Just as a reminder, that many forms of religiosity and ritual activities that we associate with worship in the contemporary West would not be found there - such as preaching, devotional reading of religious scripture, communal hymns, charismatic or spontaneous prayer, witnessing to one's faith or evangelizing others.
Sacrifices: Offerings to the Gods
The most common form of sacrifice for ancient Greeks and Romans was the slaughter of an animal followed by a sacrificial meal. Other things could be offered as well - certain kinds of vegetable matter (such as grains), liquids (in the form of libations) and incense. It was typically offered in a temple, but could be done elsewhere, usually in a temenos (τέμενος), an area set apart for a special purpose.
The sacrifice began with the selection of an appropriate animal. It was always something edible and domestic (that is, not hunted). The sacrifice of cattle was rare due to their cost; more often were pigs, goats, sheep and chickens offered. The animal had to be free from defects and blemishes and appropriate to the deity or deities being propitiated. (Certain gods preferred certain animals.)
The animal was lead in procession to the altar in front of the temple, adorned with ribbons and garlands. At the place of sacrifice, a fire would already have been set. The participants in the ritual ceremonially purify themselves and the animal (through a sprinkling of water or sometimes wine.) Apparently this action, when done to animals, caused them to jerk their heads, which the Romans considered an acknowledgement of consent on the animal's part. (The sacrificial victim was supposed to willingly give its consent to the sacrifice.)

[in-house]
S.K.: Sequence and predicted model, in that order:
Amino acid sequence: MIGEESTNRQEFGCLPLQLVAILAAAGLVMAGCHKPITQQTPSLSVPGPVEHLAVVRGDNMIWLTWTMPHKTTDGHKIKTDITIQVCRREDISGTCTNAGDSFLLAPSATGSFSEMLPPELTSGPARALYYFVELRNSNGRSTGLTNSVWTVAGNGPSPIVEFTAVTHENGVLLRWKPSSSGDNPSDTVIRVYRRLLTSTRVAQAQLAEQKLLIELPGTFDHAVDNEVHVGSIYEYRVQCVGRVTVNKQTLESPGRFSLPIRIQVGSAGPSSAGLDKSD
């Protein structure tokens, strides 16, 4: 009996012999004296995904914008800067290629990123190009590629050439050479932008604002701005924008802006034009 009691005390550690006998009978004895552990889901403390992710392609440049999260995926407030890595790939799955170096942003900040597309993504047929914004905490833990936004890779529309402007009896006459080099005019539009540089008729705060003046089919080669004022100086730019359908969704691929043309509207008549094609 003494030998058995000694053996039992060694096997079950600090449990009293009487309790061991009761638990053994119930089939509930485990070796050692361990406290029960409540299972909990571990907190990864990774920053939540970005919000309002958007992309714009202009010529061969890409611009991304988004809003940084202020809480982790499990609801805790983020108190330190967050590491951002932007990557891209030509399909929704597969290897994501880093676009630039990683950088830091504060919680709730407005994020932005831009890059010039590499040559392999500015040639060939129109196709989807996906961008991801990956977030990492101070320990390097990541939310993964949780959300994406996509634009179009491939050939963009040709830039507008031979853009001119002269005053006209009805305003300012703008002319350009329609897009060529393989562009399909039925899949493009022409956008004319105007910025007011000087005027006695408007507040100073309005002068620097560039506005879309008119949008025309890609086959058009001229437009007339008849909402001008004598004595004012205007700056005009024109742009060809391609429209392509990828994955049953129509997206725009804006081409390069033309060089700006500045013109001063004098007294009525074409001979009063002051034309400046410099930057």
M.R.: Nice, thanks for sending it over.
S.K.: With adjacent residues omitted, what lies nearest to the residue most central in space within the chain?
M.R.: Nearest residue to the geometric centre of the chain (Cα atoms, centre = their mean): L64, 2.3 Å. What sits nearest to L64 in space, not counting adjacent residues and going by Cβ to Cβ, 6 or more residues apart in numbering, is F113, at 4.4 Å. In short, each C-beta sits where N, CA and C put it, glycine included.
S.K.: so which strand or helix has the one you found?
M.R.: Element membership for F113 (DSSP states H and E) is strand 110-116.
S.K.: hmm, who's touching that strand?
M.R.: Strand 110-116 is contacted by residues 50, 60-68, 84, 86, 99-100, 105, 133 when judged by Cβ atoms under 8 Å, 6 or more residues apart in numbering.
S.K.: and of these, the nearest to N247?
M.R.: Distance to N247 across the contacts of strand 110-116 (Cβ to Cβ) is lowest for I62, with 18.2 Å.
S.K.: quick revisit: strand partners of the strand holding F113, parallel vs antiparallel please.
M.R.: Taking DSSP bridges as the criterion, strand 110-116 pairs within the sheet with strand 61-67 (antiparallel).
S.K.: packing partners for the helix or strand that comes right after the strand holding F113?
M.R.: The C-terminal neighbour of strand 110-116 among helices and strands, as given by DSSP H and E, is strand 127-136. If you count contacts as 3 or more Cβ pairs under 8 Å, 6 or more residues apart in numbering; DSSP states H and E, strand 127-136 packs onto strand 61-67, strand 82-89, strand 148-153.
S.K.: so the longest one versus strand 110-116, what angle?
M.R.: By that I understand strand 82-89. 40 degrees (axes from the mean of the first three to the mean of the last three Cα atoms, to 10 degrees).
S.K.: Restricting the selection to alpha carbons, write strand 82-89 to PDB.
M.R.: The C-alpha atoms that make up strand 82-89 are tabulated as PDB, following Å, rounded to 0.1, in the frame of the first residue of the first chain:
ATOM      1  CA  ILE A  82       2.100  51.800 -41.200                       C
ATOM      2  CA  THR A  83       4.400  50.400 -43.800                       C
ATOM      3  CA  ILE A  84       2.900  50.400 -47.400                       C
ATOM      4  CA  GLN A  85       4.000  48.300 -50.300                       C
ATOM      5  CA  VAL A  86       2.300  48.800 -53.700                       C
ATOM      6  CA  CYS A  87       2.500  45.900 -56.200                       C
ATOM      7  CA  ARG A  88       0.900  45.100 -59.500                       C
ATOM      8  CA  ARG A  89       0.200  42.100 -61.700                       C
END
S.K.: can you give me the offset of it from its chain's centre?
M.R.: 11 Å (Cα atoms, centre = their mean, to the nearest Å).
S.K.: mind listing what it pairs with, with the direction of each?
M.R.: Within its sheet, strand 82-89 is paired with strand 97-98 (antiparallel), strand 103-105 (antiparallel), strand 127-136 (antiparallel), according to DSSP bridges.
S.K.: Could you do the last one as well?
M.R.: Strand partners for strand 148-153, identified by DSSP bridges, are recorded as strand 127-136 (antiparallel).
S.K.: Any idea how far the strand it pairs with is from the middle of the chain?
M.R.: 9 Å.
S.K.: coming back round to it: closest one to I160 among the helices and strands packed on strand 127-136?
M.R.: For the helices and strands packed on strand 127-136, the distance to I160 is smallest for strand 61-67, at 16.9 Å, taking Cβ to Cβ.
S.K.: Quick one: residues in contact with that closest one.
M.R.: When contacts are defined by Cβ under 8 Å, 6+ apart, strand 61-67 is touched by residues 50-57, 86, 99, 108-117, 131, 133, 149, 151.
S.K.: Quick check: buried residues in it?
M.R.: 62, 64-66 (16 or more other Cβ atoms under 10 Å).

If the animal was large, it would be stunned with a blow from a blunt object to its head, bringing it to its knees. Any sign of panic or unwillingness on the part of the sacrificial animal was a bad omen, thus they were often given drugged feed earlier in the day.
The throat of the animal was slit, allowing the blood to drain out. Afterwards, it was skinned and cut up. At least among the Greeks, the skin and bones of the animal, sprinkled with wine, were offered to the gods in the sacrificial fire. (From what I've read, this does not seem to be the case with Roman sacrifices though at least one source seems to imply that it was done by both cultures.)
A legend, recorded by the Greek poet Hesiod in Theogony, explains why only the bones and skin of animals were actually sacrificed to the gods:
For when the gods and mortal men had a dispute at Mecone, even then Prometheus was forward to cut up a great ox and set portions before them, trying to befool the mind of Zeus. Before the rest he set flesh and inner parts thick with fat upon the hide, covering them with an ox paunch; but for Zeus he put the white bones dressed up with cunning art and covered with shining fat. (Theogony, 542-43)
Thus the offering of skin and bones rather than the actual meat to the gods has its legendary origins in an attempted act of deception of a demi-god (Prometheus) upon a god (Zeus). The fooling of a supposedly wise and powerful god by a trickster figure is a common motif in Greek and other mythologies.
Throughout the offering prayers were made, making sure to remind gods to which of them the offering was directed, the person on behalf of whom the sacrifice was offered and what benefit they hoped to receive in exchange for the offering.
After an offering was made to the gods, the meat of the animal was cooked on spits or in pots and divided among the participants and celebrants (such as the priests). Sometimes, if the participants were especially generous, they would distribute some of the food to the public - freely offered meat was a rarity, but bread or some vegetable offerings might be given to the public by a wealthy benefactor.
Showing hospitality to the gods
Theoxeny: Feasting the gods - the mythic foundations
Xenia (ξενία) was a central virtue to the ancient Greeks, it refers to the hospitality or friendship that one was supposed to offer to an xenos, a stranger or guest. Such a virtue was important in an age where there were seldom resting places for travelers and there was no law enforced between cities, leaving travelers at the mercy of bandits and ruffians. Zeus, central god of the Olympic pantheon, was the protector of travelers and wanderers. In this aspect, he was known as Zeus Xenios, "Zeus of the Guests". Zeus was thought to reward those who show hospitality and respect to their guests while punshing those who do them harm.